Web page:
A well-crafted slasher pic with distinct local flavor, the original 2006 “Cold Prey” was a sleeper smash at the Norwegian box office. Sequel has become an outright phenom, breaking domestic-product records since its Oct. 10 release. If its predecessor was more or less “Halloween” in the snow, “Cold Prey II” quite blatantly apes 1981’s “Halloween II” — from its hospital setting to its workmanlike but more generic scare-machine flavor. As the original traveled much farther on DVD, offshore theatrical prospects for part deux look solid but limited; smallscreen sales should be robust.
Helmed by first-time feature director Mats Stenberg, who got a story credit on the earlier edition, pic picks up as traumatized Jannicke (Ingrid Borso Berdal) is found covered with blood — “not my own,” she says — and holding an icepick on a mountain road. She’s taken to a soon-to-be-shuttered local hospital with few staff or patients left. Authorities are dubious about her story of a monster slaying all her snowboarding friends at an abandoned ski lodge. Once they investigate the site, however, it’s clear a whole lotta killing has been going on. The corpses are brought in for autopsy, only (surprise!) one of them isn’t quite so dead.
“Prey II” resembles “Halloween II” in that its action starts immediately after the original ended; a vengefully tough heroine is heavily medicated by well-intentioned hospital staff, but rouses herself in time to put up a fight; and medicos become the primary targets for the revived unstoppable killing machine. Departing from rote slasher cliche, however, pic’s murders don’t commence until over a half-hour in, and characters are all likable — there are no designated jock jerks or sluts whose slaughter we’re encouraged to root for.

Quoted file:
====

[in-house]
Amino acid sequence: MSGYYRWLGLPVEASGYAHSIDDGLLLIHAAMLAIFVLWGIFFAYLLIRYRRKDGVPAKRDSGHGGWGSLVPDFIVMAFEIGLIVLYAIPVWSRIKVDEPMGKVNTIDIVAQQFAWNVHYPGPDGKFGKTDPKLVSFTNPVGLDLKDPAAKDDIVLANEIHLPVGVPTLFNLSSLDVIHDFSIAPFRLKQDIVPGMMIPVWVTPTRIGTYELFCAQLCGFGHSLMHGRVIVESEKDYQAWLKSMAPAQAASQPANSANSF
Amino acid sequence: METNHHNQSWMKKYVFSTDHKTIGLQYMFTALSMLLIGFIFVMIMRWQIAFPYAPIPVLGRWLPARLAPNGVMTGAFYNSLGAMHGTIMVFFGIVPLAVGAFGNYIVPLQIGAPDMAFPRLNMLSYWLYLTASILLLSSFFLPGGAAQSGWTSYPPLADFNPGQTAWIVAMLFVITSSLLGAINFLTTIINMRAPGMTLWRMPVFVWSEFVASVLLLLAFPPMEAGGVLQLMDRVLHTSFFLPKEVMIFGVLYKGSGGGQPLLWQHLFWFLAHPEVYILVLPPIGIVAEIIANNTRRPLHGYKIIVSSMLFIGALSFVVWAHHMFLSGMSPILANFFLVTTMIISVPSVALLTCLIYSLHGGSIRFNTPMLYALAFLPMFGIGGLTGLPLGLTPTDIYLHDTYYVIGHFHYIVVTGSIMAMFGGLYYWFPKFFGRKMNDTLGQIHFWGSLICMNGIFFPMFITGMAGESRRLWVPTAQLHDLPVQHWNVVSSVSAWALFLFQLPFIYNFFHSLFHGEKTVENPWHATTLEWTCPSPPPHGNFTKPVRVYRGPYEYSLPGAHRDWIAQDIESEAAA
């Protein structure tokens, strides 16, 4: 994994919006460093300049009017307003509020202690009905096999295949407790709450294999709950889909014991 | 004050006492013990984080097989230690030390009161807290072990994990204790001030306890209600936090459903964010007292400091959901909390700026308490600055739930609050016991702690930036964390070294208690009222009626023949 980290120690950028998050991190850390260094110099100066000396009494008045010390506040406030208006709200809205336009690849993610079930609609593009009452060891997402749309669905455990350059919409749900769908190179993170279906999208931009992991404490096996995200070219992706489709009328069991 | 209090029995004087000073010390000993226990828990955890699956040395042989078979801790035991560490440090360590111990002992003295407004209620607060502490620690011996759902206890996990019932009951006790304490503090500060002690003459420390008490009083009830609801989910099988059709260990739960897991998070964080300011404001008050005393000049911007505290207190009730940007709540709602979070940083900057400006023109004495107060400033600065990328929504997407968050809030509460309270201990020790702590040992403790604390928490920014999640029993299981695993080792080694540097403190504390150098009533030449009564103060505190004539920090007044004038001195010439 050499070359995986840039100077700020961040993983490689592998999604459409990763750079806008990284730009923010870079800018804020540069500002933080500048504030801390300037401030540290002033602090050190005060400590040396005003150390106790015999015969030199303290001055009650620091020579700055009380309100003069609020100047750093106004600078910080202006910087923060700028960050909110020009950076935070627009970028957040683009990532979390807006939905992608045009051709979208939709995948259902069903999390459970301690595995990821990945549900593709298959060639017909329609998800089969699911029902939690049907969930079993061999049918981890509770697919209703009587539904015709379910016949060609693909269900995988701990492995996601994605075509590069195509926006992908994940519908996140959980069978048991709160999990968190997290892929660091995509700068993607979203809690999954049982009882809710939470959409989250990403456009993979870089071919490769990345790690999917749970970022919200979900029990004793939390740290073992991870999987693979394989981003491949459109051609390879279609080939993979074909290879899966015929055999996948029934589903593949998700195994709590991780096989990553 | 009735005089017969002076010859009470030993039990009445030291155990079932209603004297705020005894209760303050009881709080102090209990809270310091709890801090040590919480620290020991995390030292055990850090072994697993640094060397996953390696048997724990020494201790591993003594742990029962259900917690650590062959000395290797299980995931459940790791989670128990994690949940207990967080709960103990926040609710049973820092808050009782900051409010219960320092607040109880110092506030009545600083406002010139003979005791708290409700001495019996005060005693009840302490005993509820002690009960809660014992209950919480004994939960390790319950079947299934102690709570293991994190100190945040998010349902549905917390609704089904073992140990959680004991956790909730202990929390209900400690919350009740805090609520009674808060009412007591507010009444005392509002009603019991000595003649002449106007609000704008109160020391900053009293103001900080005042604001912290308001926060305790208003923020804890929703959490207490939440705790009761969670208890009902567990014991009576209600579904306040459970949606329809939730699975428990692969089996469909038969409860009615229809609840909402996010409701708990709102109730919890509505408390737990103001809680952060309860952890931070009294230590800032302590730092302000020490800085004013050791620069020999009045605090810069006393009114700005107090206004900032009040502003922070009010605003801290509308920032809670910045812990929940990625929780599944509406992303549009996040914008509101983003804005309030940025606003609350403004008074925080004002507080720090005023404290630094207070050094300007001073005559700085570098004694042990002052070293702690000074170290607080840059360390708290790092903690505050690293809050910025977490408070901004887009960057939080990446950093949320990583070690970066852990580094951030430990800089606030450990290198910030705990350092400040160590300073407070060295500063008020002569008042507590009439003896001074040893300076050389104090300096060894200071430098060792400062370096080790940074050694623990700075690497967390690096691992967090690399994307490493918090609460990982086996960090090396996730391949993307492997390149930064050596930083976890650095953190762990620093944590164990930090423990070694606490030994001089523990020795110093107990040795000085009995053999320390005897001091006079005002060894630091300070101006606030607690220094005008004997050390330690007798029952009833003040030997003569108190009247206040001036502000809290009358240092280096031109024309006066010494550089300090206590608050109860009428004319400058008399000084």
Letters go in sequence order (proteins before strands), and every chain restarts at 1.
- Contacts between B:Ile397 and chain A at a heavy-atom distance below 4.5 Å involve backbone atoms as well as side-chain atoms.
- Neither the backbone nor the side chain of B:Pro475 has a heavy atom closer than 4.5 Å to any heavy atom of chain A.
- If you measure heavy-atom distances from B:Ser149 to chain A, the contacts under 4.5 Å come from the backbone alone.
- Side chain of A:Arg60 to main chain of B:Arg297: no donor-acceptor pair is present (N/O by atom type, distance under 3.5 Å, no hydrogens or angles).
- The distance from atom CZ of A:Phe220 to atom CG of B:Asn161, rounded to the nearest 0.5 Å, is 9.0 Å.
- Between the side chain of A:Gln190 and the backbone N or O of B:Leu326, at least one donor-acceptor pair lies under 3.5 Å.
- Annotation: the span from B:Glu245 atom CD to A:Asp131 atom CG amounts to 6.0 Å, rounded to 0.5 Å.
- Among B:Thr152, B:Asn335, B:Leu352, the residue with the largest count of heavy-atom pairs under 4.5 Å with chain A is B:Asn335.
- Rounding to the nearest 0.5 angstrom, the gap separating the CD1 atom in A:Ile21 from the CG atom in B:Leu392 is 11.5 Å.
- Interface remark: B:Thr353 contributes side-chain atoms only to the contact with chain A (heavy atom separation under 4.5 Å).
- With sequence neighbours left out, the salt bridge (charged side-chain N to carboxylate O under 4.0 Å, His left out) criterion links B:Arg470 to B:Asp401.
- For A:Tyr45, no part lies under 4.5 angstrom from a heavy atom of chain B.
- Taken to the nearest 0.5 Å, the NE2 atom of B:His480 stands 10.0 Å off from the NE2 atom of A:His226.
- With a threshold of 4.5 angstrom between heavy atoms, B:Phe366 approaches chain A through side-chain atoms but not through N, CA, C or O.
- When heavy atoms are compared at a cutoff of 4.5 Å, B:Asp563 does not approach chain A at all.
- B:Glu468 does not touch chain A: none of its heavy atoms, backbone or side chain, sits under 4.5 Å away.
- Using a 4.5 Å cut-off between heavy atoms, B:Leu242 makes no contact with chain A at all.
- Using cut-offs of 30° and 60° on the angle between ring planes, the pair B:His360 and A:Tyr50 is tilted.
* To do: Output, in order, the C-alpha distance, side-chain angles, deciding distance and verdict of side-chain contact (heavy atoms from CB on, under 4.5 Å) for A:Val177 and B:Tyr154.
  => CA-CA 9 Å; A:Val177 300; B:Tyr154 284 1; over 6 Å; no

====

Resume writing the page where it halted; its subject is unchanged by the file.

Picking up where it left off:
Still, there’s less attention paid to developing character this time around. And despite the unusually restrained 35-minute build-up before carnage occurs — a warmup riddled with effective false scares — “Cold Prey II” feels more routine than Roar Uthaug’s original. There’s scant surprise to who gets it and when, or to Jannicke’s summoning strength to protect a little boy (Vetle Qvenild Werring) who’s one of the hospital’s few remaining patients. Once again, the silent “mountain man” baddie (Robert Follin) is a little too generic (and oft-seen in plain sight) to stir mysterious charisma, with his raggedy Leatherface-goes-Aspen winter attire.
On the plus side, Anders Flatland’s widescreen lensing is as crisp as Daniel Voldheim’s prior job, peaked by spectacular mountain scenery both films should have exploited more. Perfs (with Marthe Snorresdotter Rovik as an intern who emerges as Jannicke’s fellow resilient heroine) are strong enough. Returning composer Magnus Beite, editor Jon Endre Mork and production designer Astrid Saetren all maintain “Cold Prey’s” taut aethetics, even as the script falls short.
Gore quotient is pretty low, tech package first-rate. Finale would seem to nail shut the door on further sequels, but as so many such prior franchises have suggested, it’s never-say-die until B.O. (not the monster) is proclaimed DOA.